We love a good novelty song. They’re simple. They’re disposable. They remind you that the American public is often fascinated by supreme silliness. At least for a few weeks.
That’s what you hear in “Disco Duck” by Rick Dees. A #1 hit from 1976 that emerged just as disco music was emerging from the gay nightclubs of New York City and appearing on top 40 stations around the country.
You have to give Dees credit for launching the silly concept song and anticipating the disco boom. In 1976, Saturday Night Fever had not yet been released. The Bee Gees were just developing their disco sound with the 1975 hit “Nights on Broadway” and “Jive Talking.” Barry Gibb had just discovered his fail-proof falsetto.
But disco was emerging. In fact, the week before “Disco Duck” topped the charts, “A Fifth of Beethoven” was the number one song in America. With classical disco reaching number one, anything was possible.
That anything manifest itself in the sheer silliness of “Disco Duck” as Dees transformed a gag that started on his radio show in Memphis, Tennessee into a full-blown disco phenomenon.
And to bring this disco goodness full circle, “Disco Duck” did appear in Saturday Night Fever but was not on the soundtrack. Since that is the second highest-selling album of all time (behind on Thriller by Michael Jackson), Dees nearly placed arguably the biggest disco novelty hit on a monster record. Almost. His manager at the time nixed the idea thinking that placement on Saturday Night Fever would somehow clash with Dees’ own record sales.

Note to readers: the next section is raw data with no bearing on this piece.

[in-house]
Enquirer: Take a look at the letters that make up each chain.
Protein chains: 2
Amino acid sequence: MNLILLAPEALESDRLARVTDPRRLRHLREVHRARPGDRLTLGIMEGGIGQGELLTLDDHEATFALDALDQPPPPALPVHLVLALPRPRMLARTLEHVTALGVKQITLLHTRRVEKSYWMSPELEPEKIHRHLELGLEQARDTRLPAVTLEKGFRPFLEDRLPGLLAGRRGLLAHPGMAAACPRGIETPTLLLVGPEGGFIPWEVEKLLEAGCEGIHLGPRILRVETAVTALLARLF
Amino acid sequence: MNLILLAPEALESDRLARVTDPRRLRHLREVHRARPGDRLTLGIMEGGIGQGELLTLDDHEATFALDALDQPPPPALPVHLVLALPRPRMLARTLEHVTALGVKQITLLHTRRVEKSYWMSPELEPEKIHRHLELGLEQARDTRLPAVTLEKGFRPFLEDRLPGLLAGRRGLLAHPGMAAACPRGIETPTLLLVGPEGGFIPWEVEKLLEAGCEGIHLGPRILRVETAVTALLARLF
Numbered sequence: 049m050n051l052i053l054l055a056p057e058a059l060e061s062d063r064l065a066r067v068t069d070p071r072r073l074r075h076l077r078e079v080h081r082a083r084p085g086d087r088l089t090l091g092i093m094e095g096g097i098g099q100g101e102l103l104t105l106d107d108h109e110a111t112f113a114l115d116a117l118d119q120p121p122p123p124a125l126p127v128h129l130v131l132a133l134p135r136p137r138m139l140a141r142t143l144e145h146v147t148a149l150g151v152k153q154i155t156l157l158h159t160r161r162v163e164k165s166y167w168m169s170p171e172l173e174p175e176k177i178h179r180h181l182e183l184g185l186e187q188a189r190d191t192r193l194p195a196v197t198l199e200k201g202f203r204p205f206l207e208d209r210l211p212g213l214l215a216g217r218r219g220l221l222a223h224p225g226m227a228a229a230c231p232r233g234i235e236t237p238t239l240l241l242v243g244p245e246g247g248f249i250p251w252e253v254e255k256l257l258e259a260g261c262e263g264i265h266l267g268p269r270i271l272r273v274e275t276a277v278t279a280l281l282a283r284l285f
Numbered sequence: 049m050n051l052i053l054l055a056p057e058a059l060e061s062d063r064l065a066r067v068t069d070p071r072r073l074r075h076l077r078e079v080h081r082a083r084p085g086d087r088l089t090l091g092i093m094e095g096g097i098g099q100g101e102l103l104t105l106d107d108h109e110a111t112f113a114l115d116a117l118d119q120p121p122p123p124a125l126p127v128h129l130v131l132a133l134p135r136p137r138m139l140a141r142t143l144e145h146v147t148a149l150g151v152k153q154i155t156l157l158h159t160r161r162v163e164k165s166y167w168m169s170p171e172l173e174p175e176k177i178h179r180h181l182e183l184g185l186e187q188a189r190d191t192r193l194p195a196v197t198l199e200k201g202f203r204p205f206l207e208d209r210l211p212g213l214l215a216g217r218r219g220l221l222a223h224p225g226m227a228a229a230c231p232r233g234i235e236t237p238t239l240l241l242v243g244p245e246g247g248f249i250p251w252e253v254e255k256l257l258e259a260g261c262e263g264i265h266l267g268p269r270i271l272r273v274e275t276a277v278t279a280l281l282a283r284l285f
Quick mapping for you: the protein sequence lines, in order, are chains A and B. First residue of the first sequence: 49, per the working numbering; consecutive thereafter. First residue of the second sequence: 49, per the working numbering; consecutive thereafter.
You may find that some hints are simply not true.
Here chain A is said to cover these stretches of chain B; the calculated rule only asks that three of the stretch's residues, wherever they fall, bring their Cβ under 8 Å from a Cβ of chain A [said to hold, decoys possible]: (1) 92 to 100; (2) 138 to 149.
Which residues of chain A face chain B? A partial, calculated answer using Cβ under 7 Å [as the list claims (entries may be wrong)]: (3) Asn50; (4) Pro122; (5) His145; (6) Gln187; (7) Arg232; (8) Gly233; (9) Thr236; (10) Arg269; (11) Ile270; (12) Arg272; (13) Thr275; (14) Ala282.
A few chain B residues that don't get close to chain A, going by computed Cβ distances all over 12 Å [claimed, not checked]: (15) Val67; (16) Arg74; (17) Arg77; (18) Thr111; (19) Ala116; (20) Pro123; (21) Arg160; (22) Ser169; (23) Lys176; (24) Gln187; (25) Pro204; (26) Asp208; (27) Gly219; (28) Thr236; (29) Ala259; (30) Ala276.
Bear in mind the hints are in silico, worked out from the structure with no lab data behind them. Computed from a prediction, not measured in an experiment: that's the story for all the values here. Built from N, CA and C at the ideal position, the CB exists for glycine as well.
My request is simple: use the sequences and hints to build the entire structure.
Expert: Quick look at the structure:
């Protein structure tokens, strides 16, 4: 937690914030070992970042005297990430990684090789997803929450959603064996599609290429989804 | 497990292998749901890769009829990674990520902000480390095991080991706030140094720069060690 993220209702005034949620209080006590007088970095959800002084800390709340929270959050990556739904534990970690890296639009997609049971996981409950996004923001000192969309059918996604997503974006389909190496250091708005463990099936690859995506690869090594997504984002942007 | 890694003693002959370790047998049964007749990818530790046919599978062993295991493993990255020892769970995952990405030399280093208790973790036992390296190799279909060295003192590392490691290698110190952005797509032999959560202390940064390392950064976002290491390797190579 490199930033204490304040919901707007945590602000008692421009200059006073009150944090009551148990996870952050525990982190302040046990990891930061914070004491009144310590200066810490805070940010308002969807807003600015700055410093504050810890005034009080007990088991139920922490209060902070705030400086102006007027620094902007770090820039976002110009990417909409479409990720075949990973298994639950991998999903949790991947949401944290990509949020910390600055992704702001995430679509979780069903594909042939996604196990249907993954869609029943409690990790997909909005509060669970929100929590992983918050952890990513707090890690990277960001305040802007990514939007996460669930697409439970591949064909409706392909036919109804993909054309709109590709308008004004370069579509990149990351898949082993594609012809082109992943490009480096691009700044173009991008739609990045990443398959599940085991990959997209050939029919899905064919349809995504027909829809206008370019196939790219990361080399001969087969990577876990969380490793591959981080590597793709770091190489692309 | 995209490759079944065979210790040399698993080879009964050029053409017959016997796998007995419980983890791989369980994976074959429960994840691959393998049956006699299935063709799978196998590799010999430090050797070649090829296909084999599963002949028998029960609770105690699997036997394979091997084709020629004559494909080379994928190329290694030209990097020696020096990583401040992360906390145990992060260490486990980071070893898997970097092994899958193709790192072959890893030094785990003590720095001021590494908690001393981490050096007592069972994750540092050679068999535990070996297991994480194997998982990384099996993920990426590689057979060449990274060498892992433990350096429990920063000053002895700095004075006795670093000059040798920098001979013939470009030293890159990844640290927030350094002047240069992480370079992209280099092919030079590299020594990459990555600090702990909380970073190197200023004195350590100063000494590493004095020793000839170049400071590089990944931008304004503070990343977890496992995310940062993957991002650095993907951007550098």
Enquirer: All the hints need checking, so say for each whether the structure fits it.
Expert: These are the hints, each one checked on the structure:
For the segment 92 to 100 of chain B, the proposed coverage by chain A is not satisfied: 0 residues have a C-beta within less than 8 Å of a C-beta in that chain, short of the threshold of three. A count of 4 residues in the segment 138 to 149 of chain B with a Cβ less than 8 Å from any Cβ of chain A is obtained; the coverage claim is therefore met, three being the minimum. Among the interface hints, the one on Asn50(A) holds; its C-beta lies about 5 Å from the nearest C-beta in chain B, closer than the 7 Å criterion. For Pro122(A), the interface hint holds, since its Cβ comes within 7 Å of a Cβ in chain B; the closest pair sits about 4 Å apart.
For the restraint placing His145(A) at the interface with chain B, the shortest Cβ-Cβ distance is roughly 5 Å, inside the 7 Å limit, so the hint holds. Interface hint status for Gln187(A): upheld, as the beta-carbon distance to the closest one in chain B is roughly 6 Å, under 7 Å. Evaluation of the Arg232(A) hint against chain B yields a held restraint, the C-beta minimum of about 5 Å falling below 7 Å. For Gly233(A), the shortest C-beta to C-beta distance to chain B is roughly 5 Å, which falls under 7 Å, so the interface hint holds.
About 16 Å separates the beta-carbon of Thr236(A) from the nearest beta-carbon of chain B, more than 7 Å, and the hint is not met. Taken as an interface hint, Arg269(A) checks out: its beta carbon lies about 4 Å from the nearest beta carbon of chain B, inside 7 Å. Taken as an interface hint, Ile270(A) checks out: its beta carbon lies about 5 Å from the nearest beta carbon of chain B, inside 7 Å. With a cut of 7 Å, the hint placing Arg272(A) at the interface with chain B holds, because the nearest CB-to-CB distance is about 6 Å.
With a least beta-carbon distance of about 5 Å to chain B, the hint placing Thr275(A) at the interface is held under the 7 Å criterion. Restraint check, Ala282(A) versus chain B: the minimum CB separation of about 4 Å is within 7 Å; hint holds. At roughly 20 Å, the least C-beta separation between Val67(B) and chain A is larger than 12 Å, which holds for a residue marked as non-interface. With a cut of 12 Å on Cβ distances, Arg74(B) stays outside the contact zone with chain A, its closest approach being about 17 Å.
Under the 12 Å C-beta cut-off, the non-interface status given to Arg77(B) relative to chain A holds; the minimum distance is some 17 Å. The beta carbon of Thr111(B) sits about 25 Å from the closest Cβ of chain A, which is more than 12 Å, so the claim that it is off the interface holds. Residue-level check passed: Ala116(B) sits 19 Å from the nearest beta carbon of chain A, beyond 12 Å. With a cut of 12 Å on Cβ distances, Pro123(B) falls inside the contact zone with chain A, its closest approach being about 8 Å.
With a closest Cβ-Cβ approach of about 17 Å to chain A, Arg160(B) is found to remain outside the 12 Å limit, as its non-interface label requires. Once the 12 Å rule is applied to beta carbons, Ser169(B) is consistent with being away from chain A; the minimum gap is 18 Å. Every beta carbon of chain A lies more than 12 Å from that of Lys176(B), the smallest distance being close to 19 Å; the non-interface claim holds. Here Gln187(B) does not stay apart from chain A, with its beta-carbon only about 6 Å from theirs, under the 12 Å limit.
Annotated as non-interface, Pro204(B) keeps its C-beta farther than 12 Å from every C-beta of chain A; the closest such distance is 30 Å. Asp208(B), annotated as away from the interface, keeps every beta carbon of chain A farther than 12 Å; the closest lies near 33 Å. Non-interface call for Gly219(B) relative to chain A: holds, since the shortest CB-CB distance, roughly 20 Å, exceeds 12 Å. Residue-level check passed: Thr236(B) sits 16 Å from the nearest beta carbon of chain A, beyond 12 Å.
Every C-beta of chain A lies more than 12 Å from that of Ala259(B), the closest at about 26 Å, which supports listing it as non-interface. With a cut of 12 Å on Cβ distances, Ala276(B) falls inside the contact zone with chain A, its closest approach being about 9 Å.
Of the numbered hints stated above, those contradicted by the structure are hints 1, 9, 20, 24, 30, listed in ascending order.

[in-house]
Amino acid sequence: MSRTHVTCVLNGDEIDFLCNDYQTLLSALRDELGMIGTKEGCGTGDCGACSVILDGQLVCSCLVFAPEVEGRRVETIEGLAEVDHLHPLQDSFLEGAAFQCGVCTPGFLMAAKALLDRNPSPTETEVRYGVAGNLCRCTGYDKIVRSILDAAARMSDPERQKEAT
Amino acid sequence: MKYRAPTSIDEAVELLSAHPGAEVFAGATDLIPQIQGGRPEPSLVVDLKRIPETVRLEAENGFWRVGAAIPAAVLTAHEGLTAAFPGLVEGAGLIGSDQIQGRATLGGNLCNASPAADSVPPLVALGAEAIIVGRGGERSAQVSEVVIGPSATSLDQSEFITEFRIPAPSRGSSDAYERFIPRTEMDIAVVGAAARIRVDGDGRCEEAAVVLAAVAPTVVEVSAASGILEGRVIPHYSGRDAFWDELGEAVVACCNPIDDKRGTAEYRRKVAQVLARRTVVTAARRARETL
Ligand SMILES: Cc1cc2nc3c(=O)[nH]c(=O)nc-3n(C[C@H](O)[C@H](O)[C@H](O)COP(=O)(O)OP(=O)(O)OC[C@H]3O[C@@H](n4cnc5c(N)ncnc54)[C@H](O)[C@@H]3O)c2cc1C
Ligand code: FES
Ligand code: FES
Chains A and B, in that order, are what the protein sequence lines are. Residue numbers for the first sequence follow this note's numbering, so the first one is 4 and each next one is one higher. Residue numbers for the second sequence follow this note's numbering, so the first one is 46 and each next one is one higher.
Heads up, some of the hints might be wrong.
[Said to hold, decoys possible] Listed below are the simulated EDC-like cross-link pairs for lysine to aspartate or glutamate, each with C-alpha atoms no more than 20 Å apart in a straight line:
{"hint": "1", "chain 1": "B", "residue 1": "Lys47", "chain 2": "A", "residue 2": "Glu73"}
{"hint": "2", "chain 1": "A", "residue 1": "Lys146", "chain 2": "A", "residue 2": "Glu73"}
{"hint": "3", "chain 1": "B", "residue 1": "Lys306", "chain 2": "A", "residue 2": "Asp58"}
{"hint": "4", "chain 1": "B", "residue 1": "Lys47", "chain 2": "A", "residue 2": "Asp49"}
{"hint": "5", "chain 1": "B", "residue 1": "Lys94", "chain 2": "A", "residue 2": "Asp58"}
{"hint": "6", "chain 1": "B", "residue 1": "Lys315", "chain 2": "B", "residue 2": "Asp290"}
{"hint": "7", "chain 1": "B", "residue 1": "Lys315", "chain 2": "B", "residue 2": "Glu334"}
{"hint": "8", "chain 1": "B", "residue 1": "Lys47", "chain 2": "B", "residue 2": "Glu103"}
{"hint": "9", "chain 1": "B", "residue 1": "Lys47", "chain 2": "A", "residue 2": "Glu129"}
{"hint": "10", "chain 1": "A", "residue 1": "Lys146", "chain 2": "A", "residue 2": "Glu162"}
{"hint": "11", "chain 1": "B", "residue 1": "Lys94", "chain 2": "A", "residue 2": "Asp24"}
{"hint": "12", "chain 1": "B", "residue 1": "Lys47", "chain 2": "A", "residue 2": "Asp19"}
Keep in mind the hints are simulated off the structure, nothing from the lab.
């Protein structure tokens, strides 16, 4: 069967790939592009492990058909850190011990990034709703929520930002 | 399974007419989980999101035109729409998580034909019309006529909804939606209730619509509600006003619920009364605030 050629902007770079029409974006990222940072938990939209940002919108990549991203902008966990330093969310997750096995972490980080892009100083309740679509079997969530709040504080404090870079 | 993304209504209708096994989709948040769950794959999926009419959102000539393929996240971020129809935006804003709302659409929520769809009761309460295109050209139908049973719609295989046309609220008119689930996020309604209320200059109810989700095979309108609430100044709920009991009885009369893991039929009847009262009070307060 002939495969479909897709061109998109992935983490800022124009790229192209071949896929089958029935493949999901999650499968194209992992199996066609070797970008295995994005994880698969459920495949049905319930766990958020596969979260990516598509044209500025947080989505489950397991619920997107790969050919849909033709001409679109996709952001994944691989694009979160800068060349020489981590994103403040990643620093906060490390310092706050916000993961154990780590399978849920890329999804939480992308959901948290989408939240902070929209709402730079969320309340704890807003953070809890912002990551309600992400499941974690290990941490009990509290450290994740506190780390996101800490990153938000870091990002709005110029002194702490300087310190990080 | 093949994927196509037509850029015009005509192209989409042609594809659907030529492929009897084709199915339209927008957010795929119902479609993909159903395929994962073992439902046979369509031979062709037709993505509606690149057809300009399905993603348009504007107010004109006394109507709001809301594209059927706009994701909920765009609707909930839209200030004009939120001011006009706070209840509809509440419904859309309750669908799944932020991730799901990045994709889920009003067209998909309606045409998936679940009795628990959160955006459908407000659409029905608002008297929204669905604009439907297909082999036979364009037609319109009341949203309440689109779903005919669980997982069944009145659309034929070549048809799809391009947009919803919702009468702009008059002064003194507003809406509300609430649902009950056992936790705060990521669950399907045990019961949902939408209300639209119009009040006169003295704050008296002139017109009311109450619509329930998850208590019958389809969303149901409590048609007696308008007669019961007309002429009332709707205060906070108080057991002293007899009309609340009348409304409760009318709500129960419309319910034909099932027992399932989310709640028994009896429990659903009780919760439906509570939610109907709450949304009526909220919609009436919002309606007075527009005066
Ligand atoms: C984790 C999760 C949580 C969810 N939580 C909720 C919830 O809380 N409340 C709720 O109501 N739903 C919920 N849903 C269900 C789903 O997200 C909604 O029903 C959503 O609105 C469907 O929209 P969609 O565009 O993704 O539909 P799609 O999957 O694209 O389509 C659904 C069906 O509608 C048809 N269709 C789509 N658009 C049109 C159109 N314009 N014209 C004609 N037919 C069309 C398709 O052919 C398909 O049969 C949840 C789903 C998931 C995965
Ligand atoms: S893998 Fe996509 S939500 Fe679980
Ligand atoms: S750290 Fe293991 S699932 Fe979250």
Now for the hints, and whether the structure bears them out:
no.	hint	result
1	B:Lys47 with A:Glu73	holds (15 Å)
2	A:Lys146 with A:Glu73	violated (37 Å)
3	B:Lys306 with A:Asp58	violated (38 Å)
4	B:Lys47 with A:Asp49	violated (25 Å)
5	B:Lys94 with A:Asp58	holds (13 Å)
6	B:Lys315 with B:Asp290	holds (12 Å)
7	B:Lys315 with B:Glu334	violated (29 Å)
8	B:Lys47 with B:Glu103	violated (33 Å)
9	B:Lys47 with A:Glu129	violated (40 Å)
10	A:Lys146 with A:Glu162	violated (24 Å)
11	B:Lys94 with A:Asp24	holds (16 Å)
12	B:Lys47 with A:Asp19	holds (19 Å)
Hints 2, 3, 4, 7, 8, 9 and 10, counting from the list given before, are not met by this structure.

Wow. Bad, bad business decision. At a royalty rate of $.06 per unit sold, and Saturday Night Fever sales topping 35 million copies, “Disco Duck” would have earned more than $2 million over the years from album sales only.
I’m thrilled it didn’t make the cut because it really would have sullied the overall excellence of that double album. “Disco Duck” is a novelty song. It’s a novelty hit. But it’s not an excellent disco song. For that, let me recommend “Disco Lucy.” Actually, listen to that song as an example of one of the worst-ever disco songs. Simply horrible. It makes “Disco Duck” sound like Beethoven’s Fifth Symphony, which you can enjoy in it’s disco version supplied by Walter Murphy’s “A Fifth of Beethoven.”
Bad business decisions aside, Dees has had a successful career in the music business with a hosting gig on Solid Gold and a longtime show on KISS FM in Los Angeles. He’s doing just fine financially, thank you very much.